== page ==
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1834
Oregon

The Faces of Oregon: Mt. Hood, Columbia River Gorge & the Coast

From awe-inspiring waterfalls to towering Mount Hood, from ancient forests to food-trendy Portland, explore the many wonders of Oregon on this great Northwestern adventure.
Rating (4.25)
Program No. 1834RJ
Length
6 days
Starts at
1,449
Oregon

The Faces of Oregon: Mt. Hood, Columbia River Gorge & the Coast

From awe-inspiring waterfalls to towering Mount Hood, from ancient forests to food-trendy Portland, explore the many wonders of Oregon on this great Northwestern adventure.
Length
6 days
Starts at
1,449
Program No. 1834 RJ
Prefer to enroll or inquire by phone? 800-454-5768
climate
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DATES & starting prices
PRICES
May 22 - May 27, 2022
Starting at
1,449
Jun 12 - Jun 17, 2022
Starting at
1,449
Jun 19 - Jun 24, 2022
Starting at
1,449
Jul 10 - Jul 15, 2022
Starting at
1,449
Aug 7 - Aug 12, 2022
Starting at
1,449
Sep 11 - Sep 16, 2022
Starting at
1,449
Oct 2 - Oct 7, 2022
Starting at
1,449
DATES & starting prices
PRICES
May 22 - May 27, 2022
Starting at
1,689
Jun 12 - Jun 17, 2022
Starting at
1,689
Jun 19 - Jun 24, 2022
Starting at
1,689
Jul 10 - Jul 15, 2022
Starting at
1,689
Aug 7 - Aug 12, 2022
Starting at
1,689
Sep 11 - Sep 16, 2022
Starting at
1,689
Oct 2 - Oct 7, 2022
Starting at
1,689

At a Glance

On four daylong field trips, discover the natural beauty and human history that make Oregon a state of wonder. Take in city highlights like the International Rose Test Garden, then explore the natural wonders outside the city, from the rugged Pacific Coast to the dramatic Columbia River Gorge to the volcanic Cascade Mountains. Each journey is accented by interesting, interactive activities, including a tasting of the Columbia Gorge's award-winning wines.
Activity Level
On Your Feet
Walking up to 1.5 miles on varied terrain. Elevations up to 6,000 feet.

Best of all, you’ll…

  • Gaze up at towering Mount Hood from majestic Timberline Lodge, one of the iconic great lodges of the West.
  • Stand in awe of the Columbia River Gorge’s magnificent waterfalls and captivating vistas.
  • Visit the rugged Oregon Coast, including the mouth of the Columbia River, known as the “Graveyard of the Pacific” and spend time in Astoria, the oldest American settlement west of the Rocky Mountains.

General Notes

2022 dates of this program are designated for small groups and are limited to 24 participants or less.
Featured Expert
All Experts
Profile Image
David Lukas
David Lukas is a Portland-based naturalist and author who has been leading Road Scholar programs since 1984. He is the author of six books including "Language Making Nature," a handbook on the art of creating new words. David now works on travel and educational videos, as well as a website that provides resources for travelers seeking the world’s best wildlife spectacles. Throughout his career, he has contributed to over 35 Lonely Planet travel books.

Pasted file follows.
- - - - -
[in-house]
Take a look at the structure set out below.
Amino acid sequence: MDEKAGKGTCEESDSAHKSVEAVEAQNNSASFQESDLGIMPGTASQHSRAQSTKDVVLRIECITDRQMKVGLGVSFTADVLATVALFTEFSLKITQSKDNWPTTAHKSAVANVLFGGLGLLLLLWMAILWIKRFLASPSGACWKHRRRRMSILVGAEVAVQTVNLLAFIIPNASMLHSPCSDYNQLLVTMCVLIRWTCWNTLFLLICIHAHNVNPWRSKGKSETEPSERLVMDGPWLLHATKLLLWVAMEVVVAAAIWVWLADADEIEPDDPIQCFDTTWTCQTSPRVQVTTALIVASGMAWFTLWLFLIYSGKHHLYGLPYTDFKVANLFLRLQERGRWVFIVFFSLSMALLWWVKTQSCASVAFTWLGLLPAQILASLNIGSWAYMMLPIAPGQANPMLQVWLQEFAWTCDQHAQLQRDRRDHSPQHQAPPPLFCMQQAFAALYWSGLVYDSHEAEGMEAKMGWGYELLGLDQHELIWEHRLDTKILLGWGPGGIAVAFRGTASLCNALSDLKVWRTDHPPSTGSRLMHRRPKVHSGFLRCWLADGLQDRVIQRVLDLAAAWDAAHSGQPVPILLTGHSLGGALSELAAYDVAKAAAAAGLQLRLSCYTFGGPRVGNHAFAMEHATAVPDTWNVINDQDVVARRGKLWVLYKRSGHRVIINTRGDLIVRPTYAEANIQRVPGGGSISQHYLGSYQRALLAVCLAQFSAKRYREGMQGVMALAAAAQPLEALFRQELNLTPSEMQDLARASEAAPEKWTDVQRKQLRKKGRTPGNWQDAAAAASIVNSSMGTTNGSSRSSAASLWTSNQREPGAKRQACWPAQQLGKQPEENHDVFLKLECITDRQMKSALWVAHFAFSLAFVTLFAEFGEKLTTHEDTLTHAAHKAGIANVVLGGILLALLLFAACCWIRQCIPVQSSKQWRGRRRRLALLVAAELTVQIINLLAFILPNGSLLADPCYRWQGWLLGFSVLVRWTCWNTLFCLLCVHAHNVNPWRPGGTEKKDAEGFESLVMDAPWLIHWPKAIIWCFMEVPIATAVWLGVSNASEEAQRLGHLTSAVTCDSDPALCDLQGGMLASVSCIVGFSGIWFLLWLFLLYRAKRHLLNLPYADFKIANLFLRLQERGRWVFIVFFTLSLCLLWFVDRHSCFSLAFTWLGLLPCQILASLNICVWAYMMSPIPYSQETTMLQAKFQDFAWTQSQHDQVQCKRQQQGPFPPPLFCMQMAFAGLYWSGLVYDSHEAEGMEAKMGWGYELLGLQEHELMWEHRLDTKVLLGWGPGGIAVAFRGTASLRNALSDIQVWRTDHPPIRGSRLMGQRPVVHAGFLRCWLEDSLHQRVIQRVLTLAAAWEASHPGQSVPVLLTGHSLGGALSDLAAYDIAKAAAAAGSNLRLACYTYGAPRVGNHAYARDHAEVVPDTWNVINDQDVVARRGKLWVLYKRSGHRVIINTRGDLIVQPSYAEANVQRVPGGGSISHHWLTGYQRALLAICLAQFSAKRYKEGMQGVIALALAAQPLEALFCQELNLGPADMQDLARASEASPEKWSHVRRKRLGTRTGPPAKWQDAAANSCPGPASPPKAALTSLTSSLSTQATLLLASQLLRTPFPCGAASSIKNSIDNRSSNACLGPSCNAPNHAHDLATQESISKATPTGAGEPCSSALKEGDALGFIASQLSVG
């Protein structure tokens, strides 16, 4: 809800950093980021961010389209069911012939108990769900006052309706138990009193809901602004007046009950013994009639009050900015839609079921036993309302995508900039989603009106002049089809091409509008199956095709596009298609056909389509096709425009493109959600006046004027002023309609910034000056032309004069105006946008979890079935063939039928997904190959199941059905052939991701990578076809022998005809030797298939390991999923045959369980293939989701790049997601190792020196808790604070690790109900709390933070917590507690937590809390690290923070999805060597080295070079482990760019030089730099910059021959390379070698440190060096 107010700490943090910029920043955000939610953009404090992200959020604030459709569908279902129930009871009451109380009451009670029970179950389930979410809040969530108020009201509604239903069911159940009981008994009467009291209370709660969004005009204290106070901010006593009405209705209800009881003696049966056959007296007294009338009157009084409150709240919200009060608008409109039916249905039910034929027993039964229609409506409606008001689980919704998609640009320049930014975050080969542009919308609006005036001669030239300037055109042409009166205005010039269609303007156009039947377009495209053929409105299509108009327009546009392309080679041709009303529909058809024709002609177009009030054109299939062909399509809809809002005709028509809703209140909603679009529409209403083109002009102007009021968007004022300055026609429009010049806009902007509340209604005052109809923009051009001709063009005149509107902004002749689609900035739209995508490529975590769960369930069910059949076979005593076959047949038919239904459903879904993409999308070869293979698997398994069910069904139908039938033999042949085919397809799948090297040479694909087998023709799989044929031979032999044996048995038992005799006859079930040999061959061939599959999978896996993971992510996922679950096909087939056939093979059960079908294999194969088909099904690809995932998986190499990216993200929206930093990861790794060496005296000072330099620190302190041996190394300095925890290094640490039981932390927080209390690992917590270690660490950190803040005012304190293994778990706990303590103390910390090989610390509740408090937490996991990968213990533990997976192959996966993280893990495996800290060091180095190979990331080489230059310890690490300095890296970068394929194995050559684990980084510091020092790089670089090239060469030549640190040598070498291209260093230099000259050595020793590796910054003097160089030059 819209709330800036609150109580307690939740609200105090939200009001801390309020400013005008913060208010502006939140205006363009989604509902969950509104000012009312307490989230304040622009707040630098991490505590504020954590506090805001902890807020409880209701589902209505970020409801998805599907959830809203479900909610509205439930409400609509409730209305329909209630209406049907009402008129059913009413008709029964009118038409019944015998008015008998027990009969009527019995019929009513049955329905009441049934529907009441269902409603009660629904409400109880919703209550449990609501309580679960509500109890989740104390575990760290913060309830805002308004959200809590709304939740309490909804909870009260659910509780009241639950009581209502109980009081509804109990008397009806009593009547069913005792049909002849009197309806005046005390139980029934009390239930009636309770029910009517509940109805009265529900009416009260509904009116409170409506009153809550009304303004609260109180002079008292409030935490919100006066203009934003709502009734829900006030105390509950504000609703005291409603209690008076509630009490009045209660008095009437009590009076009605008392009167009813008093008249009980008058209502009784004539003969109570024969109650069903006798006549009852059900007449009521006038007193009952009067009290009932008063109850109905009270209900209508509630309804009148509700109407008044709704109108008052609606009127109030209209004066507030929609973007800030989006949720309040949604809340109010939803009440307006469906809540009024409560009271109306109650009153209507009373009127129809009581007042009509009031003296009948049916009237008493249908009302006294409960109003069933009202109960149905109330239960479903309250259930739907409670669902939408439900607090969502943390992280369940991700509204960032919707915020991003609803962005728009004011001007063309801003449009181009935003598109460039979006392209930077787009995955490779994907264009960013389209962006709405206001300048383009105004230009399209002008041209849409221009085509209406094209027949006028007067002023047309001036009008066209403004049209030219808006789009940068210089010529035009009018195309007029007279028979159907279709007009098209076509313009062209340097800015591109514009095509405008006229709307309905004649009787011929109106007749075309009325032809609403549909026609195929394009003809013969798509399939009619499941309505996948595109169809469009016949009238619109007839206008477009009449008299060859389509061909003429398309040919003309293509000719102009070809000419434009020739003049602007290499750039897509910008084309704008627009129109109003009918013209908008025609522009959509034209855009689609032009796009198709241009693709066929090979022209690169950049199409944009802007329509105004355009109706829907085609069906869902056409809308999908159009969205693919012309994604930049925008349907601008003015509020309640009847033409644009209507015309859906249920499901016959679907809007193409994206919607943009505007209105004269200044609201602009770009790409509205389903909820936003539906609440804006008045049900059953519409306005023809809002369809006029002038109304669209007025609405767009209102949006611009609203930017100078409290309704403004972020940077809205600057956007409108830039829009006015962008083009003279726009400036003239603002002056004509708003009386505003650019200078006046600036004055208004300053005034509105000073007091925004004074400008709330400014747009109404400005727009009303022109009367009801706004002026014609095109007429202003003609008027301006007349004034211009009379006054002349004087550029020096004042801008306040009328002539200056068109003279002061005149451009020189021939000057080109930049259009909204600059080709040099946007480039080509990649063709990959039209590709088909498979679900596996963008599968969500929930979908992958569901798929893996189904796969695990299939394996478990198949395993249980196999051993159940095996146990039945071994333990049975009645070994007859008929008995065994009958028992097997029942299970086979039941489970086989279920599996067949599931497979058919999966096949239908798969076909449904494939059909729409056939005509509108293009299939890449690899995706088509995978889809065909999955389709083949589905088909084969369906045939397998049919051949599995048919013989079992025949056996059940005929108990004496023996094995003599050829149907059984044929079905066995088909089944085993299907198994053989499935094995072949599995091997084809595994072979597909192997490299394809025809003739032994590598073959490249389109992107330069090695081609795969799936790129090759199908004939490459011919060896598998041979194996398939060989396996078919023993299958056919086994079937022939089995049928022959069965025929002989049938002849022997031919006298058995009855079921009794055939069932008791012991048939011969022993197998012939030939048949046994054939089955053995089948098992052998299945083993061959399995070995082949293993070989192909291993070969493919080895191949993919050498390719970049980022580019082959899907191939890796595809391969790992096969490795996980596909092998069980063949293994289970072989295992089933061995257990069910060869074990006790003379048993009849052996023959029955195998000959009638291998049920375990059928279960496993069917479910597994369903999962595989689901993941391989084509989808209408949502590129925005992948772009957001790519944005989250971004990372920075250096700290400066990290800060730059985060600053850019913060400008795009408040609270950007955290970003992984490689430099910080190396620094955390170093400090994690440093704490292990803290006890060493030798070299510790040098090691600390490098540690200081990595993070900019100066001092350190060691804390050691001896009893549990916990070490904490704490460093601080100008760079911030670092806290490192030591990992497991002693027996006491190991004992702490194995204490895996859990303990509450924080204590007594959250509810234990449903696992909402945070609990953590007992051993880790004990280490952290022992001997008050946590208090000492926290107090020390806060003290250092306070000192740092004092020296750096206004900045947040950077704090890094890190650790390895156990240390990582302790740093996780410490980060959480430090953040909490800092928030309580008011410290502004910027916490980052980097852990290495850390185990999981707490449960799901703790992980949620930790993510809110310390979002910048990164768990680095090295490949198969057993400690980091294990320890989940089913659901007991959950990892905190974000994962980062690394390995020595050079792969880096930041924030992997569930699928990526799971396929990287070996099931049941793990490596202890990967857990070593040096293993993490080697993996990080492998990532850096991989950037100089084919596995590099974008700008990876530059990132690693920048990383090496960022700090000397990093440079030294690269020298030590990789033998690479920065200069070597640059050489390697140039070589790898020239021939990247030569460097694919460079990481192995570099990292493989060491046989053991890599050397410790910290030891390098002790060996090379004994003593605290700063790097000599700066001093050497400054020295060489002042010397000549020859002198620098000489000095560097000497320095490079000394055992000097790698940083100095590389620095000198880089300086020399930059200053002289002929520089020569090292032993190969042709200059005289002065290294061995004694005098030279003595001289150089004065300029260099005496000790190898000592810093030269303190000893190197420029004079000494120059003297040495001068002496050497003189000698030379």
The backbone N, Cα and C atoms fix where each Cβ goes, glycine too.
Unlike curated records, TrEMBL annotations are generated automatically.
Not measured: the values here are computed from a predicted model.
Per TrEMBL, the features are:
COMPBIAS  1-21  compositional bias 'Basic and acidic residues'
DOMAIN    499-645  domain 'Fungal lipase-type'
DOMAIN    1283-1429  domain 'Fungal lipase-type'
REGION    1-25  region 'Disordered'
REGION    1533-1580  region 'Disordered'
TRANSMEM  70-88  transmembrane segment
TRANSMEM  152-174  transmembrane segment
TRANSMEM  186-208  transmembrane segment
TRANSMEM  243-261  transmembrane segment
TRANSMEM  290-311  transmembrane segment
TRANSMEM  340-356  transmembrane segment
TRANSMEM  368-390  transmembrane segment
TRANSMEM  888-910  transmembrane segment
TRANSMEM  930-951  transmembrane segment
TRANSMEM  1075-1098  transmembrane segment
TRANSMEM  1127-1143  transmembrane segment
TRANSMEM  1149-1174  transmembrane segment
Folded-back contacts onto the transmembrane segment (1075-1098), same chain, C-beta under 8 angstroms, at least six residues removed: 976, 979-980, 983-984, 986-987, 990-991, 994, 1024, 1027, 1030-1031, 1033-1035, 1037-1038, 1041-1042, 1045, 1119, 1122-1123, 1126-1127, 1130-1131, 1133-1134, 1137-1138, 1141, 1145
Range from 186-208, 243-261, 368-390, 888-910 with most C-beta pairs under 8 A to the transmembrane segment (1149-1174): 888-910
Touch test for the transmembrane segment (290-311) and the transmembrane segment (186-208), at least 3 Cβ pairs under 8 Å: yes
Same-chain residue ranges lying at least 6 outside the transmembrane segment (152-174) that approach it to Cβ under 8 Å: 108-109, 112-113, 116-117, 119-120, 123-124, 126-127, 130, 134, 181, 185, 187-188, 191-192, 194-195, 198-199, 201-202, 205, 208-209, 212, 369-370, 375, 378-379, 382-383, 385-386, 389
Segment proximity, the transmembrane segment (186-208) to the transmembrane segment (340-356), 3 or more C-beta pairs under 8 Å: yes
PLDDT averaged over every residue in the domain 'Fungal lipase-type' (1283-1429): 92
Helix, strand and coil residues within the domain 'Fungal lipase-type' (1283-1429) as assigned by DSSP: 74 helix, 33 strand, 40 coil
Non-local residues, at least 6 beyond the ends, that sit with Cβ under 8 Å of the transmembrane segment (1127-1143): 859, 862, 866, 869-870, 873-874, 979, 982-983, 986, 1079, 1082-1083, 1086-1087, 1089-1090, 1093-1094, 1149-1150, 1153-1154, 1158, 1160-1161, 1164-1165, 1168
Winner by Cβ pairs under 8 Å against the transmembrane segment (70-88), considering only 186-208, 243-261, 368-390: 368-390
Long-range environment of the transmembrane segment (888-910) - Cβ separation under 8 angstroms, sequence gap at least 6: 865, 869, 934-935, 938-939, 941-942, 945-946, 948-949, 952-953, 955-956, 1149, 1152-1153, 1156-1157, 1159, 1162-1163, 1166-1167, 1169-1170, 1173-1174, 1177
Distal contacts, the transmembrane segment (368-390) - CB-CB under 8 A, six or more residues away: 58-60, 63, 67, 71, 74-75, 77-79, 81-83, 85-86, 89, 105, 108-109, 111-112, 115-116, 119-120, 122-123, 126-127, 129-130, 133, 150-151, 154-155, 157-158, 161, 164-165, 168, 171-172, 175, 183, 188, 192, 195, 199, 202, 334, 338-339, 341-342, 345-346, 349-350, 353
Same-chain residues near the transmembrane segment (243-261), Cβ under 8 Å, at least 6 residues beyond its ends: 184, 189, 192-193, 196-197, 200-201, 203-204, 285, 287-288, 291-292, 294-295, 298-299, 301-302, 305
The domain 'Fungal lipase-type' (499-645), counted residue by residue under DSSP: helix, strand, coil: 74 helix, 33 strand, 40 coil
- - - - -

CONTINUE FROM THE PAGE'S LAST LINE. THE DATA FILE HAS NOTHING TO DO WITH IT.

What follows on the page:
Please note: This expert may not be available for every date of this program.

Profile Image of David Lukas
David Lukas View biography
David Lukas is a Portland-based naturalist and author who has been leading Road Scholar programs since 1984. He is the author of six books including "Language Making Nature," a handbook on the art of creating new words. David now works on travel and educational videos, as well as a website that provides resources for travelers seeking the world’s best wildlife spectacles. Throughout his career, he has contributed to over 35 Lonely Planet travel books.
Profile Image of John Jarvie
John Jarvie View biography
John Jarvie is a history teacher at several colleges in the area with Clark College in Vancouver, Wash. as his main campus. He has been working for the End of the Oregon Trail Interpretive Center for over a decade, giving information to visitors about state and regional points of interest, local history and the Oregon Trail.
Profile Image of Vince Patton
Vince Patton View biography
Vince Patton is a 35-year veteran of television journalism, winning 10 Emmy Awards and 3 dozen other regional and national honors. He spent the last 8 years of his broadcast career in public television in his dream job, traveling all round this region telling stories about nature, science and wildlife. Now, in his retirement, Vince is the president of the largest genealogy library in the Pacific Northwest.
Profile Image of Linda Wanless
Linda Wanless View biography
Linda Wanless was born under a wandering star in Lubbock, Texas. She wandered through Illinois, Oklahoma, Texas, California and the Oregon coast before moving to Portland in 1980. She retired from the health insurance industry and connected with Road Scholar in 2006. She enjoys sharing the beauty and her love of the Pacific Northwest with others. In her off time, Linda enjoys puttering with her flowers, reading, photography, classical music and the company of her family and Shih Tzu, Scooter.
Profile Image of John Ford
Born and raised in the Pacific Northwest, John L. Ford has held many titles. He was part of a touring rock band, spent time as a photojournalist, and worked as a Federal Ranger at Yaquina Head Lighthouse and as a marine mammal biologist. He is also a first responder with the Oregon Marine Mammal Stranding Network and a member of the Northwest Aquatic and Marine Educators. John has been an instructor with Road Scholar for over 20 years.